Do you frequently worry about your health? Have you anxiously scrolled through panic-inducing news stories on the latest deadly virus, slowly convincing yourself that you may have it? While we all engage in these behaviours from time to time, if you find it’s starting to become a common occurrence in your life, you may be suffering from health anxiety.
We know what you’re thinking: “Great! Another medical issue for me to worry about!” The point of this article, though, is to put your mind at rest.
We’ll cover some key symptoms that may confirm your health anxiety, whilst also providing resources that can successfully treat this increasingly common condition.
What is health anxiety?
First of all, let’s quickly cover what we mean by health anxiety. It’s an anxiety disorder characterised by a preoccupation with one’s health. Sufferers perform a range of obsessive behaviours (more on these below) in an effort to feel a sense of control over their own wellbeing. It has become even more prevalent in the wake of the coronavirus pandemic, with some people still anxious about COVID.
Health anxiety can cause people to become convinced that they have a serious illness, even if there is little to no actual evidence of one. This leads to more anxiety, which produces symptoms including:
- Extreme worry
- Muscle aches
- Appetite changes
- Pins and needles
- Digestive issues
- Panic attacks
Unfortunately, many anxiety symptoms can be mistaken for signs of other illnesses. As a result, people with health anxiety can get stuck in a vicious cycle of incorrect diagnoses and increasing fear.
Health anxiety habits
We’ve covered some health anxiety symptoms above, but to really get an idea of how the condition presents itself, let’s explore 4 common health anxiety habits.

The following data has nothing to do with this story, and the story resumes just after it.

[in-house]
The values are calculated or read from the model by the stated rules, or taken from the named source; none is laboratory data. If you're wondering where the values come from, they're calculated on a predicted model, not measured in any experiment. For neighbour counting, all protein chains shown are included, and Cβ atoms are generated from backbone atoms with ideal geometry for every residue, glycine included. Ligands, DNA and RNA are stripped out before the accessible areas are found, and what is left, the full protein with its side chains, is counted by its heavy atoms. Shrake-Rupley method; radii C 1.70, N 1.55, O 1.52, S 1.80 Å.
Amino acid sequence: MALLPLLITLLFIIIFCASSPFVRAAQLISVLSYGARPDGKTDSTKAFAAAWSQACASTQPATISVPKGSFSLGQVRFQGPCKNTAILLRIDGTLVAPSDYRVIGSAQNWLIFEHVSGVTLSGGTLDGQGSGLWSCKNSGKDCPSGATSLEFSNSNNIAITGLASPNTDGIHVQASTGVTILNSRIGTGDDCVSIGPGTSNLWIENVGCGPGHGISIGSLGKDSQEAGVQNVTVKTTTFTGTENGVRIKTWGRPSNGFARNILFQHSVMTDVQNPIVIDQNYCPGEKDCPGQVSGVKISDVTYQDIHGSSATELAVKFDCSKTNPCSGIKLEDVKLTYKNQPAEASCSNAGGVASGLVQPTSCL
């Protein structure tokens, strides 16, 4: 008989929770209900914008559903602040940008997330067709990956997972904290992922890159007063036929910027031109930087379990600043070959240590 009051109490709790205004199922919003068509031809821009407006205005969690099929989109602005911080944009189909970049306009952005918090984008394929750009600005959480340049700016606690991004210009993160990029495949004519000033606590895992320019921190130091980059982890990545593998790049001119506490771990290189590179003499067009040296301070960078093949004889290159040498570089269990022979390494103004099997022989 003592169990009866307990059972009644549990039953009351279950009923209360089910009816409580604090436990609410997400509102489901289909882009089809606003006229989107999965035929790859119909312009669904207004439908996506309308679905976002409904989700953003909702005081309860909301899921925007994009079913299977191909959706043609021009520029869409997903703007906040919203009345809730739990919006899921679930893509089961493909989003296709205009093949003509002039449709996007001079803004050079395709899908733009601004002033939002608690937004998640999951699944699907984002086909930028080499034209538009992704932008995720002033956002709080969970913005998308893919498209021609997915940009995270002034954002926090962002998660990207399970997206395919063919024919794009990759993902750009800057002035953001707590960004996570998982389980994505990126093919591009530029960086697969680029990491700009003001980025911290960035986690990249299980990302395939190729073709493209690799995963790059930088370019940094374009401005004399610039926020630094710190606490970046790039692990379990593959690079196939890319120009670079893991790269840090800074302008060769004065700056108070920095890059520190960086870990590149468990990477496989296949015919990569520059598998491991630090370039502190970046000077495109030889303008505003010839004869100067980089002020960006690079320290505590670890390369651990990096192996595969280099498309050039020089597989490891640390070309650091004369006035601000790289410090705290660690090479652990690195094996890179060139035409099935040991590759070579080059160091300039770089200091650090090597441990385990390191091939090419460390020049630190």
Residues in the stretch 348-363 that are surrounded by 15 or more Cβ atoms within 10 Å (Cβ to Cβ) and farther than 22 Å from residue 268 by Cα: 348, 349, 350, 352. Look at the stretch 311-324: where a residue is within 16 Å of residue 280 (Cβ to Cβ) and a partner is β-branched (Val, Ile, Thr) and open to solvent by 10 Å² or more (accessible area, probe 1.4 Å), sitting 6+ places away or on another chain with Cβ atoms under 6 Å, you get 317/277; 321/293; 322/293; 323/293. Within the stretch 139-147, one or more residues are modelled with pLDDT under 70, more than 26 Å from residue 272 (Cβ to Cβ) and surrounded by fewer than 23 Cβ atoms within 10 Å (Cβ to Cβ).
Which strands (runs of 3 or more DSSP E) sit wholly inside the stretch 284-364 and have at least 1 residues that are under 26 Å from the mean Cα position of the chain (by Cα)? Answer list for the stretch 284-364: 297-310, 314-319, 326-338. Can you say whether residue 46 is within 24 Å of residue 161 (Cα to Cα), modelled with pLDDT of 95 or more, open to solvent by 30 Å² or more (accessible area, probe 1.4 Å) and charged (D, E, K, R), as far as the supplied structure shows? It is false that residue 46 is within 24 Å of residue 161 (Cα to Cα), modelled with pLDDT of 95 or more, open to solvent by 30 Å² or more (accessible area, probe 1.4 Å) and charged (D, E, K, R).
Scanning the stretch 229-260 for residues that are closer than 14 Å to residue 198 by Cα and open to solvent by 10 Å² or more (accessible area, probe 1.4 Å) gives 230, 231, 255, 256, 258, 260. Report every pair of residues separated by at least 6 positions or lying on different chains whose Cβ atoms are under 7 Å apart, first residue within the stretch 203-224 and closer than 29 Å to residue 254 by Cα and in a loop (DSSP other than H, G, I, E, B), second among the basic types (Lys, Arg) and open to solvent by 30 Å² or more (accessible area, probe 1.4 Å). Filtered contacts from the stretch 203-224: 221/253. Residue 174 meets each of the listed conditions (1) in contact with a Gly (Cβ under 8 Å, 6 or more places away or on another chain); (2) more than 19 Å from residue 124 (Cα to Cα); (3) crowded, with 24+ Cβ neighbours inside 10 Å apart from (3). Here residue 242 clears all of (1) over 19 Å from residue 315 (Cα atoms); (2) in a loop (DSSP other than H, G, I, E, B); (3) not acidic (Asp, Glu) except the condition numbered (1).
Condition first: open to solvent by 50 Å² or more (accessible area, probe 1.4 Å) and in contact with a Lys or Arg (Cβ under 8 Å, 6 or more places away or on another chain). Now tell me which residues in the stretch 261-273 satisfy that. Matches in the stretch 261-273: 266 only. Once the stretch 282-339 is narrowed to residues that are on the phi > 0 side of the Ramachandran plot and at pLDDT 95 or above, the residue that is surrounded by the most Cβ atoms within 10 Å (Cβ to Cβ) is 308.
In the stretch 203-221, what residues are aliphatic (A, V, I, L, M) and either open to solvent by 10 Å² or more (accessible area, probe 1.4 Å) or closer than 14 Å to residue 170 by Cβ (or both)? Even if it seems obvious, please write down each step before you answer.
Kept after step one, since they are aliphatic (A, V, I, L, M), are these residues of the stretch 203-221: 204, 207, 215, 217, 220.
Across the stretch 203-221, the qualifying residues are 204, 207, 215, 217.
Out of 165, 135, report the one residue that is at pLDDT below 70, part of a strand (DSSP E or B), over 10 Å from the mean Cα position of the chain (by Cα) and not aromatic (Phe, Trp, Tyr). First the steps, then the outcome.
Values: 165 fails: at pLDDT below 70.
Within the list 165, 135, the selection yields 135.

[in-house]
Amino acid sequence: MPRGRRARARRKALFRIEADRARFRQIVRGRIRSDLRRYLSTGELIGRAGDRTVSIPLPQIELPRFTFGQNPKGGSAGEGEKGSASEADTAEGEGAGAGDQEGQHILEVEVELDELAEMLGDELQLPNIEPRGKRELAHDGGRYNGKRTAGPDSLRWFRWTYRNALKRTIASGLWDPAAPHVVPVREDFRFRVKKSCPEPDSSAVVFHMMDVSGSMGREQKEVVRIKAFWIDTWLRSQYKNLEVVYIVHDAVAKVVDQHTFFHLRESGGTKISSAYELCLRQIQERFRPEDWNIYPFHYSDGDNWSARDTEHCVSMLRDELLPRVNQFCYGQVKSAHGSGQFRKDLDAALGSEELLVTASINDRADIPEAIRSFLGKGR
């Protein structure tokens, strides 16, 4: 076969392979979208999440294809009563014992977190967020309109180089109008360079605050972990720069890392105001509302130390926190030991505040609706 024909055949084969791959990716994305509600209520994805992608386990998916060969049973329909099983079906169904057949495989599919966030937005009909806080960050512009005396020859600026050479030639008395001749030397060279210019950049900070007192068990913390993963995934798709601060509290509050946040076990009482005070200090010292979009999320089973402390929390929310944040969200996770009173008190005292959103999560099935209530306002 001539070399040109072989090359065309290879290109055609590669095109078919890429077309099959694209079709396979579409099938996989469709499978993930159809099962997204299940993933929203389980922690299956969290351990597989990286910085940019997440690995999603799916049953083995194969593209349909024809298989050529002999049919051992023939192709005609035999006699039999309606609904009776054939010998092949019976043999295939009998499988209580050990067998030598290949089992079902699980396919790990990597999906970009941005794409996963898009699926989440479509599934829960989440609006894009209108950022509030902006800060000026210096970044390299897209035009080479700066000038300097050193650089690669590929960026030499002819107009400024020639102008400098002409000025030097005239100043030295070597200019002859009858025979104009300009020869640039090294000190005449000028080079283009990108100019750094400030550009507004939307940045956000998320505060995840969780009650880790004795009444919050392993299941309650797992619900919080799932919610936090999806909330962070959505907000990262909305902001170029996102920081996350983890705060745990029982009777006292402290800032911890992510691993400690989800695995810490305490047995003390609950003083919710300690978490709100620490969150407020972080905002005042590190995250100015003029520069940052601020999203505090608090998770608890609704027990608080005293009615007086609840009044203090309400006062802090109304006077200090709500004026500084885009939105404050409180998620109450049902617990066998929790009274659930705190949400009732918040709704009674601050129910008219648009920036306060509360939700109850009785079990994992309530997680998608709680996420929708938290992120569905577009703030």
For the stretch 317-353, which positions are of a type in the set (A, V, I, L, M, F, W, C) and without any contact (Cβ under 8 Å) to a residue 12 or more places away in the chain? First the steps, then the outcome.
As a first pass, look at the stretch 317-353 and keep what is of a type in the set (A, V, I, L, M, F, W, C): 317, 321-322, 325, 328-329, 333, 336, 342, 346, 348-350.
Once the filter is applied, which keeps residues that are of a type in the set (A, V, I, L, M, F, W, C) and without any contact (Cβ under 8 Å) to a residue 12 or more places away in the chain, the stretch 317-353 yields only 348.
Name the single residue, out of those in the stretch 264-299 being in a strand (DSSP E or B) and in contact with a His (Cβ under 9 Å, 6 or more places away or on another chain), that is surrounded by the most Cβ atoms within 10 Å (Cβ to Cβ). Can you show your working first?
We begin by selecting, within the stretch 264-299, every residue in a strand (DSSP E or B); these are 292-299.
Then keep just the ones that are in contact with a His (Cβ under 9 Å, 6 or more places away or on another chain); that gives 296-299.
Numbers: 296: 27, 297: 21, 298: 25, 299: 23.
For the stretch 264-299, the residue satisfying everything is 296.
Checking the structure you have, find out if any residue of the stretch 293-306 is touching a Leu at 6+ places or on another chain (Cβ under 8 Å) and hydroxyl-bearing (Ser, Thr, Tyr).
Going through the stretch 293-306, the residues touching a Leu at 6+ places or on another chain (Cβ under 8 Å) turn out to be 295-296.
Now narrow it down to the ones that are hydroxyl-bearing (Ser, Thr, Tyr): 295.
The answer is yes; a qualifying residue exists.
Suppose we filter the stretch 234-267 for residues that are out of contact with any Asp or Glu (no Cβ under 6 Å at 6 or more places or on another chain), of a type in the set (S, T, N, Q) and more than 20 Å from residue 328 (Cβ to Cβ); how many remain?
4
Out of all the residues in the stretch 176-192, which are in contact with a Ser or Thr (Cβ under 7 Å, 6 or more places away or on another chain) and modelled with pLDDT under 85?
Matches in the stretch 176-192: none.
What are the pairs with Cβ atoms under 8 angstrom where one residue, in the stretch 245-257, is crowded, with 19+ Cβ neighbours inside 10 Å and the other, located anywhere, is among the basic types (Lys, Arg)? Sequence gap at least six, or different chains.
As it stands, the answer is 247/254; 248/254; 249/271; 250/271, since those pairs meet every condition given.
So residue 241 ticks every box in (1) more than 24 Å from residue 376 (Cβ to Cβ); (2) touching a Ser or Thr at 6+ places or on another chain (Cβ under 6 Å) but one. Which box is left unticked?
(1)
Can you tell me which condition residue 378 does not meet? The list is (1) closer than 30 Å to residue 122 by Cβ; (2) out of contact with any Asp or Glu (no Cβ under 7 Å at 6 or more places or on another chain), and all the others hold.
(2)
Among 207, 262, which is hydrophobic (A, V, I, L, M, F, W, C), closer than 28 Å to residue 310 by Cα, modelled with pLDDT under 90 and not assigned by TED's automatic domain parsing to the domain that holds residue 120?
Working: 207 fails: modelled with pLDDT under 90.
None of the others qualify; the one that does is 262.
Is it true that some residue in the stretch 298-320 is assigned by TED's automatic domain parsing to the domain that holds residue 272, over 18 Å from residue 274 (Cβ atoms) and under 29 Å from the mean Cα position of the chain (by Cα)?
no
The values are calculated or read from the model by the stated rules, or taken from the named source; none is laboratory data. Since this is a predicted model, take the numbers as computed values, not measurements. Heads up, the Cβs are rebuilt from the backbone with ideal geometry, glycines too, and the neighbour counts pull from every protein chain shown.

We all experience random aches and pains. Our bodies are weird and wonderful things, and sometimes you will notice unusual symptoms that have no clear explanation. 9 times out of 10, these changes are nothing to worry about. (Of course, if your symptoms are serious, you should definitely seek the opinion of a doctor.) For a person with health anxiety, though, any slight bodily sensation can trigger a full-blown panic.
In fact, even when there are no noticeable changes to their wellbeing, a person with health anxiety will go searching for signs of illness. The logic here is that they will be able to identify an illness in its early stages, before it develops into something life-threatening. Unfortunately, the reality is that this constant vigilance in the face of any perceived change is anxiety-inducing in itself and can impact a person's ability to function normally.
While it’s important to perform regular self-checks for things like changes in moles or lumps in the breast, this is not something you need to devote a significant amount of time to.
In the context of health anxiety, reassurance-seeking is when a person shares their health concerns with others, in the hope that these people will tell them that they have nothing to worry about.
This habit might not seem so problematic on the face of it. Who hasn’t turned to a friend, family member or even a doctor to confirm that they’re overreacting? The problem is, for those with health anxiety, the temporary comfort that words of reassurance provide can become somewhat addictive.